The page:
Sunday 31 October 2010

logutils: Using recent logging features with older Python versions

Python’s development is a process of continuous improvement, and the standard library of course undergoes changes as new versions of Python are released. In the logging package, there have been numerous improvements in recent months:

  • Dictionary-based configuration (PEP 391)
  • QueueHandler for working with multiprocessing and in-process queues

In addition, there have been a few bits of utility code which have been posted here:

Many of the enhancements have been added as new features which will emerge in Python 3.2, but cannot be added to Python 2.X because there are no Python 2.X branches where new features can be added. Python 2.7, the last 2.X release, is in maintenance mode and will only accept bug-fixes which maintain backwards compatibility.

Although Python 3.2+ is the way forward for Python development, many users will be constrained to use 2.X for some considerable time yet, mostly because libraries they depend on have not yet been ported to 3.X, but sometimes also because their codebase is too large to consider porting to 3.X, when viewed from a cost/benefit viewpoint, or perhaps because their code needs to remain workable under 2.X and they cannot maintain two separate codebases.

For those users who are forced to stick with Python 2.X but who want to use some of the features added recently to logging, the logutils project offers one way in which they can access these features. This is available via PyPI so it can be installed using pip or easy_install. The package is currently at release 0.2 and contains the following:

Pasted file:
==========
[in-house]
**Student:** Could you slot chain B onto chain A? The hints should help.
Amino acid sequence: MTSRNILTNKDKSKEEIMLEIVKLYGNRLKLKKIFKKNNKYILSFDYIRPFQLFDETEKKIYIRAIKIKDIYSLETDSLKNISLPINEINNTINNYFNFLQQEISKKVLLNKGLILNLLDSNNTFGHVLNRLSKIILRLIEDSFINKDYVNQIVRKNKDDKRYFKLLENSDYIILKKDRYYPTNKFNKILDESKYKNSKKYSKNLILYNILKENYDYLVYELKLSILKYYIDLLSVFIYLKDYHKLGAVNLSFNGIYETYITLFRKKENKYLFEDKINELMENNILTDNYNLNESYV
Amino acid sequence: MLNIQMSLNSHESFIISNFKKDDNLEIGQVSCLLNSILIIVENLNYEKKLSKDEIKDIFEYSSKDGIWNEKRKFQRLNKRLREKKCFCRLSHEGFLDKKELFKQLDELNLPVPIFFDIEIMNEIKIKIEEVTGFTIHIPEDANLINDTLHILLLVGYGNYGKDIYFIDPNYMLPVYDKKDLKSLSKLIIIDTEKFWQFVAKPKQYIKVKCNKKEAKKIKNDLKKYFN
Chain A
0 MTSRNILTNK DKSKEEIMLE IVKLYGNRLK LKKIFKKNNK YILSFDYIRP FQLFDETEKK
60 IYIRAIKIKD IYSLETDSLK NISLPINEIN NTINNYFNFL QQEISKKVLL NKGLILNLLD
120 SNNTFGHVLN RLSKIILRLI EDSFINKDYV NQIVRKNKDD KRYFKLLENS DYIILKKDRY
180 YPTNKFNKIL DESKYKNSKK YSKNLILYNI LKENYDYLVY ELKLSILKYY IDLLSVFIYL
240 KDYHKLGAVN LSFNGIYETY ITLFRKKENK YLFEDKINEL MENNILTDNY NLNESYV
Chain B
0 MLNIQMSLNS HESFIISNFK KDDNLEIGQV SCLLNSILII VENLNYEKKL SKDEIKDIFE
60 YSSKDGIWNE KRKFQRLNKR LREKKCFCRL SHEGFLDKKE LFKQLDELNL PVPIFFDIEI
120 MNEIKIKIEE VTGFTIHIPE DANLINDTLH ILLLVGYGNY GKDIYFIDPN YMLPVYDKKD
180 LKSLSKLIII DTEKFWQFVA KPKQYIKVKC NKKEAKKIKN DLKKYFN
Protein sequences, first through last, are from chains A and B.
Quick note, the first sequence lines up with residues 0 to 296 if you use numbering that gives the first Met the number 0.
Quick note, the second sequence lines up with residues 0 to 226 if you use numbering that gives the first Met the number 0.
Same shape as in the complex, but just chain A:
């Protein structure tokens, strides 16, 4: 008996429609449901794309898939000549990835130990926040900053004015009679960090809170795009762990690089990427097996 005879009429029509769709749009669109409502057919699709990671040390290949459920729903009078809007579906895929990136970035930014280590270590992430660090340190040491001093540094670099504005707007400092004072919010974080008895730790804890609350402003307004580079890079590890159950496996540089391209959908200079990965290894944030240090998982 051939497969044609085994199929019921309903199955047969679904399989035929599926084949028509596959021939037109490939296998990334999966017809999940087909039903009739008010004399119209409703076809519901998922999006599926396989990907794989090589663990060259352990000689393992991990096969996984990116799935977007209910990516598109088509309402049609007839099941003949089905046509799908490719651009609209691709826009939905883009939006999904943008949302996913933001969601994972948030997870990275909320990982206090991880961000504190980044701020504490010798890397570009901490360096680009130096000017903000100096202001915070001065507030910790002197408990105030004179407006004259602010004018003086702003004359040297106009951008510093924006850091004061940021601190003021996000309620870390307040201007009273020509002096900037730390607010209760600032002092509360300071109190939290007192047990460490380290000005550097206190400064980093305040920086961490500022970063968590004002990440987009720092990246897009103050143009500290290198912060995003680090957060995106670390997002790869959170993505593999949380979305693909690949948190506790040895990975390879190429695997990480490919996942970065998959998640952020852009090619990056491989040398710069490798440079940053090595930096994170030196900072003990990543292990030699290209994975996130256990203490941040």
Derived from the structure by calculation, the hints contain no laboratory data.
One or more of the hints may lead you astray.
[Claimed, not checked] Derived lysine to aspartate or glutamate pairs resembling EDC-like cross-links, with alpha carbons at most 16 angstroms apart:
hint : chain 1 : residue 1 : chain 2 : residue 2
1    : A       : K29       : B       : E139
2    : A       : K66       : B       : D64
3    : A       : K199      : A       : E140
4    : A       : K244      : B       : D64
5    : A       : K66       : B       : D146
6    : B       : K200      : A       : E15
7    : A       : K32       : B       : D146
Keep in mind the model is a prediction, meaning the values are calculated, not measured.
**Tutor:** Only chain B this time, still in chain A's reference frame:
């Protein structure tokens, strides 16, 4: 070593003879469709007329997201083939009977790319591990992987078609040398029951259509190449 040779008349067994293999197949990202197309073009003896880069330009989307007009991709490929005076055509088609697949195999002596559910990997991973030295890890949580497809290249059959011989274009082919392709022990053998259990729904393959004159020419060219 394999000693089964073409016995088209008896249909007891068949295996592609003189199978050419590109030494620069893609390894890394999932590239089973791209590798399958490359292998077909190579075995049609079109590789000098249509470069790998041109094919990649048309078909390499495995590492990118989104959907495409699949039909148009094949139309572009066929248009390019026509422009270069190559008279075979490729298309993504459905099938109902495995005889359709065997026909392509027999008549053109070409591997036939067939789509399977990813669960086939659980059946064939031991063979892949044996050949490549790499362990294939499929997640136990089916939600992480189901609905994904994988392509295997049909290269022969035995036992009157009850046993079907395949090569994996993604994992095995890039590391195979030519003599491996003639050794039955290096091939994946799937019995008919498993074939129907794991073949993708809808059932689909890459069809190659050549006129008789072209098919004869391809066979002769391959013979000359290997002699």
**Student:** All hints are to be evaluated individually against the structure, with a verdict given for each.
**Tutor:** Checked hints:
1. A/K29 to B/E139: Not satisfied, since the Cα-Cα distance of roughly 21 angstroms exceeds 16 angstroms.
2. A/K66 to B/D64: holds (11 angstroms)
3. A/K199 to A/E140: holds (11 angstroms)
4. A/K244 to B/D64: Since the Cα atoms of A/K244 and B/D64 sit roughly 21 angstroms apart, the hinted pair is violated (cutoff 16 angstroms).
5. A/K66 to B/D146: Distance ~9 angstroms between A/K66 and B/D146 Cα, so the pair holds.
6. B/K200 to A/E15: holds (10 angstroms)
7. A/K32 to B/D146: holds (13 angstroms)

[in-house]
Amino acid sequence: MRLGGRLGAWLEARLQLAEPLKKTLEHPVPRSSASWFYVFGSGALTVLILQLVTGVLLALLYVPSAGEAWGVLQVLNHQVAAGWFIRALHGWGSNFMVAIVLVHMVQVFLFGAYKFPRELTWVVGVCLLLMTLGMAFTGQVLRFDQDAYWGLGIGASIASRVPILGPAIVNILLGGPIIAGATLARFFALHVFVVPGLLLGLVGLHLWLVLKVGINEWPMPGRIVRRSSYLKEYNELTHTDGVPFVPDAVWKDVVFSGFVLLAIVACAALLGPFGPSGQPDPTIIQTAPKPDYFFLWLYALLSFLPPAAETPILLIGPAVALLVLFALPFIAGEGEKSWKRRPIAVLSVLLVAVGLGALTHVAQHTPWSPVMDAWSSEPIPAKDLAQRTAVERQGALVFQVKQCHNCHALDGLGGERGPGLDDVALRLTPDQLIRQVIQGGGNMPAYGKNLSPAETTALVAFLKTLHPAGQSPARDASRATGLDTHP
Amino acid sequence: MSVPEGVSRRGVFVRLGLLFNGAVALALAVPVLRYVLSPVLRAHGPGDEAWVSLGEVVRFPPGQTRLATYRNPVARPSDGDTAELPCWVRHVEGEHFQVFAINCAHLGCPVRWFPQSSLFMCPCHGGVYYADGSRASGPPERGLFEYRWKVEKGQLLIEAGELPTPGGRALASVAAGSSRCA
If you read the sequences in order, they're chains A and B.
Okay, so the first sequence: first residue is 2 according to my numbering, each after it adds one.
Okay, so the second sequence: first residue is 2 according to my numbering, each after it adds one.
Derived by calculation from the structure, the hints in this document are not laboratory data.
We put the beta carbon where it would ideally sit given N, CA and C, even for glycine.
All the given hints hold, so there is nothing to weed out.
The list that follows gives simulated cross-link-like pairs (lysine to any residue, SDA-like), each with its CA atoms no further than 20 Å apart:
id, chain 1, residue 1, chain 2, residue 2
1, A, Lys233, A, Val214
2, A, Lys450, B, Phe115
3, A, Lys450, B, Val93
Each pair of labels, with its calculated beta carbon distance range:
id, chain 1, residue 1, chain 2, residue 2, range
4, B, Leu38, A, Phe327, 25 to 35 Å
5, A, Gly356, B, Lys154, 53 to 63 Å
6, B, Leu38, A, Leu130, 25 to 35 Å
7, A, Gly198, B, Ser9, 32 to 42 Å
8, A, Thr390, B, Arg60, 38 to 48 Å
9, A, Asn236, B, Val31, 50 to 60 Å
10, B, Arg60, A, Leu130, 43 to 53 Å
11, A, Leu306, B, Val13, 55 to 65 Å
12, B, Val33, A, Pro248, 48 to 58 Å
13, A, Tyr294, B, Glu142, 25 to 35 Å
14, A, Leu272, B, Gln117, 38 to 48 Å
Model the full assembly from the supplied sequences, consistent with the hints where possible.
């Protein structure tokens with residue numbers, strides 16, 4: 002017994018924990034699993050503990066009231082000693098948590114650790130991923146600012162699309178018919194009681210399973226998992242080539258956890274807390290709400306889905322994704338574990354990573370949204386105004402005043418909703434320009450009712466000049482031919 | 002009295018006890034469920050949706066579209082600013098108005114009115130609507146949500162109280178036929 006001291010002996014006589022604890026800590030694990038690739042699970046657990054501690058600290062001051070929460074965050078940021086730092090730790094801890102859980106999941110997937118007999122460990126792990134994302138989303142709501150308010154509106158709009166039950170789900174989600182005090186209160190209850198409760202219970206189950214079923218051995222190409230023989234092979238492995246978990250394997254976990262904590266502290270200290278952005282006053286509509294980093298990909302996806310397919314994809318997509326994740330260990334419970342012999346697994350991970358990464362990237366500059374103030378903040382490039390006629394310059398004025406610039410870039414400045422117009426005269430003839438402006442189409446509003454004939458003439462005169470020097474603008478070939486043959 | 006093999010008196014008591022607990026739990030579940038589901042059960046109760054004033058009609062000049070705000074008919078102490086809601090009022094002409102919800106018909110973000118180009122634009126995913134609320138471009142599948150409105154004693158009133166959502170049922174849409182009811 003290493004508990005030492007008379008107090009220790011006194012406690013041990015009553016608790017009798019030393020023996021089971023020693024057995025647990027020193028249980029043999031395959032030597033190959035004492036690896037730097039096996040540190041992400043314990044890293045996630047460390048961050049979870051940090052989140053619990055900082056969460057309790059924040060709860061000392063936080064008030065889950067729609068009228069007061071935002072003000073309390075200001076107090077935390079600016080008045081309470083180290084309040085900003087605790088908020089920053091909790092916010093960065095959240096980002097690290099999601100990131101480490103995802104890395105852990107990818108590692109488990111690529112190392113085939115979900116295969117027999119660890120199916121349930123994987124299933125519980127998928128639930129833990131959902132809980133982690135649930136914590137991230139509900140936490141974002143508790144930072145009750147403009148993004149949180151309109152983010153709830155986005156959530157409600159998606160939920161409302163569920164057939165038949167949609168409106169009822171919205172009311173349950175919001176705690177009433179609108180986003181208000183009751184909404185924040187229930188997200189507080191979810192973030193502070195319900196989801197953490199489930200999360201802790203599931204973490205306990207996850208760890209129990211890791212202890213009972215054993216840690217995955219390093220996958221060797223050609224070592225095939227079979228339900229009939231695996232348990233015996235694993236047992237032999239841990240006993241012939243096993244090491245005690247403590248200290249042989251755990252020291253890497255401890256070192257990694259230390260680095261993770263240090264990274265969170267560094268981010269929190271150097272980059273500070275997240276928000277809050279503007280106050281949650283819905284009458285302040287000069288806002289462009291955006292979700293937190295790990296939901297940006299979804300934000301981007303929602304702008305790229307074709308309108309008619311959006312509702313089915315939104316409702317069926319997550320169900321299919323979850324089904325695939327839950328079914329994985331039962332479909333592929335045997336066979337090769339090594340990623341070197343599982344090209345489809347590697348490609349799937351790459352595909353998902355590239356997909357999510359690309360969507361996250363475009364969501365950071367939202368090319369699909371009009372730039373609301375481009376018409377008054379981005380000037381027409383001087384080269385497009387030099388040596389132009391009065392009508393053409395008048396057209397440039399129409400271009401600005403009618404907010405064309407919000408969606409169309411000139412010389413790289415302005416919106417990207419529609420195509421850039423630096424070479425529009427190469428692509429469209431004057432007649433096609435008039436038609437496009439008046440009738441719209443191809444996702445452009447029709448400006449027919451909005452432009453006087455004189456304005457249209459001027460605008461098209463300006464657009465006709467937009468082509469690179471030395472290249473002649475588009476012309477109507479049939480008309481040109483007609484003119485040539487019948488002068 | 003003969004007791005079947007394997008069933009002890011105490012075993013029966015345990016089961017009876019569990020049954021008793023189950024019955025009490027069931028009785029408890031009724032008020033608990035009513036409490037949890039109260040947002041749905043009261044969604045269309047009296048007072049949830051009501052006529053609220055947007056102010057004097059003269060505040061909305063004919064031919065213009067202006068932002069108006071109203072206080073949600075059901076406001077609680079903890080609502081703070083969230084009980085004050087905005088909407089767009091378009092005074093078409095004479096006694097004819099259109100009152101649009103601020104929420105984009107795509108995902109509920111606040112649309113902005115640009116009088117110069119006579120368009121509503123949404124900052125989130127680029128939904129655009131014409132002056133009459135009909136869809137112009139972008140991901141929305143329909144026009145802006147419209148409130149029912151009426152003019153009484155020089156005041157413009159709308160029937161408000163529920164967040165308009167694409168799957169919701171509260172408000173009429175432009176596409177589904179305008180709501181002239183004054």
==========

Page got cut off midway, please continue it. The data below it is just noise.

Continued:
• Dictionary-based configuration (PEP 391) which is broadly compatible with Python 2.7 and 3.2.
  • The LoggerAdapter class is easier to subclass.
  • The QueueHandler and QueueListener classes are available for use with in-process, multiprocessing and other types of queue, as described in this post.
  • The TestHandler and Matcher classes are available for use in unit tests, as described in this post.
  • An enhanced HTTPHandler allows the use of secure connections and credentials for logging in to websites.

The package needs Python 2.4 or later. Some features are not available in Python 2.4, due to limitations of that Python version. For example, str.format is only available from Python 2.6 onwards;  LoggerAdapter relies on a feature added in Python 2.5, namely the extra parameter for adding additional context to logs; and named handlers are not available for Python 2.X versions < 2.7 and Python 3.X versions < 3.2. (As a consequence of this, incremental handler configuration is not available on the versions where named handlers are not available.)

Project downloads are here. You can post issues here (needs a Google account). Documentation is available here.


  1. It might be a good idea to recommend that developers use

    import logutils as logging

    in their code when using logutils. This means that in the future if the code is eventually ported to Python 3.2+ it's a simple one-line change to make it use the stdlib version.

  2. @kisielk: Thanks for the suggestion. The reasons I didn't do this were:

    1. logutils is not a drop-in replacement for logging, and the chances are high that you'd need to also import logging where you imported logutils.

    2. There are some things in logutils which will are not planned to be added to logging (e.g. the Matcher, BraceMessage and DollarMessage classes). So there is the likelihood that many users will continue to import both packages.